The BLM requires permits for both day use and overnight use. The permits are fee-based, and there are daily limits. There is a reservation system for permits. Stock is permitted, as are leashed dogs. There are numerous regulations because the area is so fragile. The most important rules are do not vandalize the sites and take nothing but pictures! Leave the artifacts for the next person to enjoy. Download the “Cedar Mesa/Grand Gulch Travel Planner” or contact the BLM field office in Monticello (phone: 435-587-1510) for complete and current information on permits (policy on reservations or daily limits could change). Grand Gulch is one of canyon country’s best opportunities to combine history and scenery. Hiking the canyon is moderately strenuous and requires a little route finding to know where you are.
The Rediscovered Journal
I recently found the following journal which describes in detail our backpacking trip to Grand Gulch Primitive Area in 1985. Additional comments are added in [brackets], including a discussion of the rock art. The narrative inside Grand Gulch itself starts below on Saturday, May 4.
Thursday, May 2, 1985. We depart L.H. at lunchtime, the truck filled to the brim. We stop at Las Vegas about 6pm and eat a buffet dinner at the Sands Hotel. It is very warm, in the mid-90s. After dinner, we continue north on I-15 and stop for the night at the Virgin River gorge campground [south of St. George, Utah]. The campground is new and developed, away from the highway, and sparsely used. With the mild temperatures, running water, full moon, and steep-walled canyon, the night is memorably pleasant.
Friday, May 3, 1985. We push on at 4am via St. George, Pipe Springs, Kanab, and Page, Arizona [I-15, then UT-9 east to Hurricane, UT-59 and AZ-389 east to Fredonia, US-89a to Kanab, then US-89 east to Page]. We stop at the Holiday Inn in Page for breakfast. Thirty years ago, Page didn’t exist. Then on through the Navajo Reservation [AZ-98, US-160 east to Kayenta, then US-163 north]. We stop to take the self-guided auto tour through Monument Valley Tribal Park. Many of the famous monuments and vistas are visible from the dirt road which is steep and rough at first, going down into a valley. We stop for a picnic at a fantastic vista point with a huge view. The weather is deteriorating and enhances the view with clouds and showers in the distance. Fearful of getting stuck in a storm on the rough dirt road, we hurry to finish the tour and continue on to our destination for the night, the small campground at Natural Bridges National Monument in Utah.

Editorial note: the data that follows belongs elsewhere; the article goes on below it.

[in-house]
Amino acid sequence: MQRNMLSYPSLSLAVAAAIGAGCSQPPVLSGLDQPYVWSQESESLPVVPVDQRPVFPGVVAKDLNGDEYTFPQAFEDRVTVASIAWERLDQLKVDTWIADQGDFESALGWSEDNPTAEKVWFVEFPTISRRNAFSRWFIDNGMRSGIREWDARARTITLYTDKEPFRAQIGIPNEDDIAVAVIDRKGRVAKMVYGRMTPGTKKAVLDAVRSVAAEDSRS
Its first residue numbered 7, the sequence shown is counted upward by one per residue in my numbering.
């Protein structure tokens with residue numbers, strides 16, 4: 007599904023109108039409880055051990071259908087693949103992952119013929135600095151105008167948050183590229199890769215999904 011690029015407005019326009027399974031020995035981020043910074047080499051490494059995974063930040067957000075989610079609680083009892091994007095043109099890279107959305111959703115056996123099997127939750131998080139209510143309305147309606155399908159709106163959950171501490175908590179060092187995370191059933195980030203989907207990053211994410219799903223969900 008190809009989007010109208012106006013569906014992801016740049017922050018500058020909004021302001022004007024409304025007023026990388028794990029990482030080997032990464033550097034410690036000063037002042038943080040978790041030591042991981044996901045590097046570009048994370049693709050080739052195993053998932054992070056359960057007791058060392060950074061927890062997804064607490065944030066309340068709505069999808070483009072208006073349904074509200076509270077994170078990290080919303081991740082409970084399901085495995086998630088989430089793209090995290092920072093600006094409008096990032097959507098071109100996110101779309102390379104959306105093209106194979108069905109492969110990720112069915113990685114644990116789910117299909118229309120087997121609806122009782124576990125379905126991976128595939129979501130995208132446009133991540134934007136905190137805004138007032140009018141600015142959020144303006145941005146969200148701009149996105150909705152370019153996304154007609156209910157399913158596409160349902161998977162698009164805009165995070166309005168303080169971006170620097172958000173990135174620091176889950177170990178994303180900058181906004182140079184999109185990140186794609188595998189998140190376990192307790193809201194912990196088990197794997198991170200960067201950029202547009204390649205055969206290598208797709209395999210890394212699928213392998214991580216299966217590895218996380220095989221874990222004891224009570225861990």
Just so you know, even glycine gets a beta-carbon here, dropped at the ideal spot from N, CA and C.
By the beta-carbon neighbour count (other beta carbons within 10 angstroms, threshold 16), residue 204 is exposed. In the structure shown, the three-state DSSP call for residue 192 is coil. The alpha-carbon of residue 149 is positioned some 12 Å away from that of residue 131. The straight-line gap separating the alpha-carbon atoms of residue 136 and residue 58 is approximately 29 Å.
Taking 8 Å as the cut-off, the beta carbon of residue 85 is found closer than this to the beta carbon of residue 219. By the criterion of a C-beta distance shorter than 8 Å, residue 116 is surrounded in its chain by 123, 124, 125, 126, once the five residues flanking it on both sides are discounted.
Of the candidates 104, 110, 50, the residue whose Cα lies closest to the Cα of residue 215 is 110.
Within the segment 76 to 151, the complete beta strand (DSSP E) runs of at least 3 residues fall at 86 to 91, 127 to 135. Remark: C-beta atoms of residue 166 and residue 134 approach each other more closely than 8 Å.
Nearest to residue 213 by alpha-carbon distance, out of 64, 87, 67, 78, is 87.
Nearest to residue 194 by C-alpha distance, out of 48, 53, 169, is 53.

En route we encounter a fierce but momentary thunderstorm. It’s fortunate to be brief because we approach another section of dirt road, marked as the “Moki Dugout” on the map [UT-261, from US-163]. The road switchbacks steeply up sheer-walled Cedar Mesa which towers 1,000 feet or more over the desert. The views are fabulous climbing this cliff, especially the huge vistas of the monoliths in the Valley of the Gods far below.
Upon reaching the top of the mesa the environment is completely different: cooler, moist, and heavily wooded. We stop at the BLM’s Kane Gulch ranger station [on UT-261]. Kane Gulch is the main trailhead for most trips into Grand Gulch. No one is there but I read the posted literature. There are numerous cars in the parking lot indicating numerous hikers in the canyon.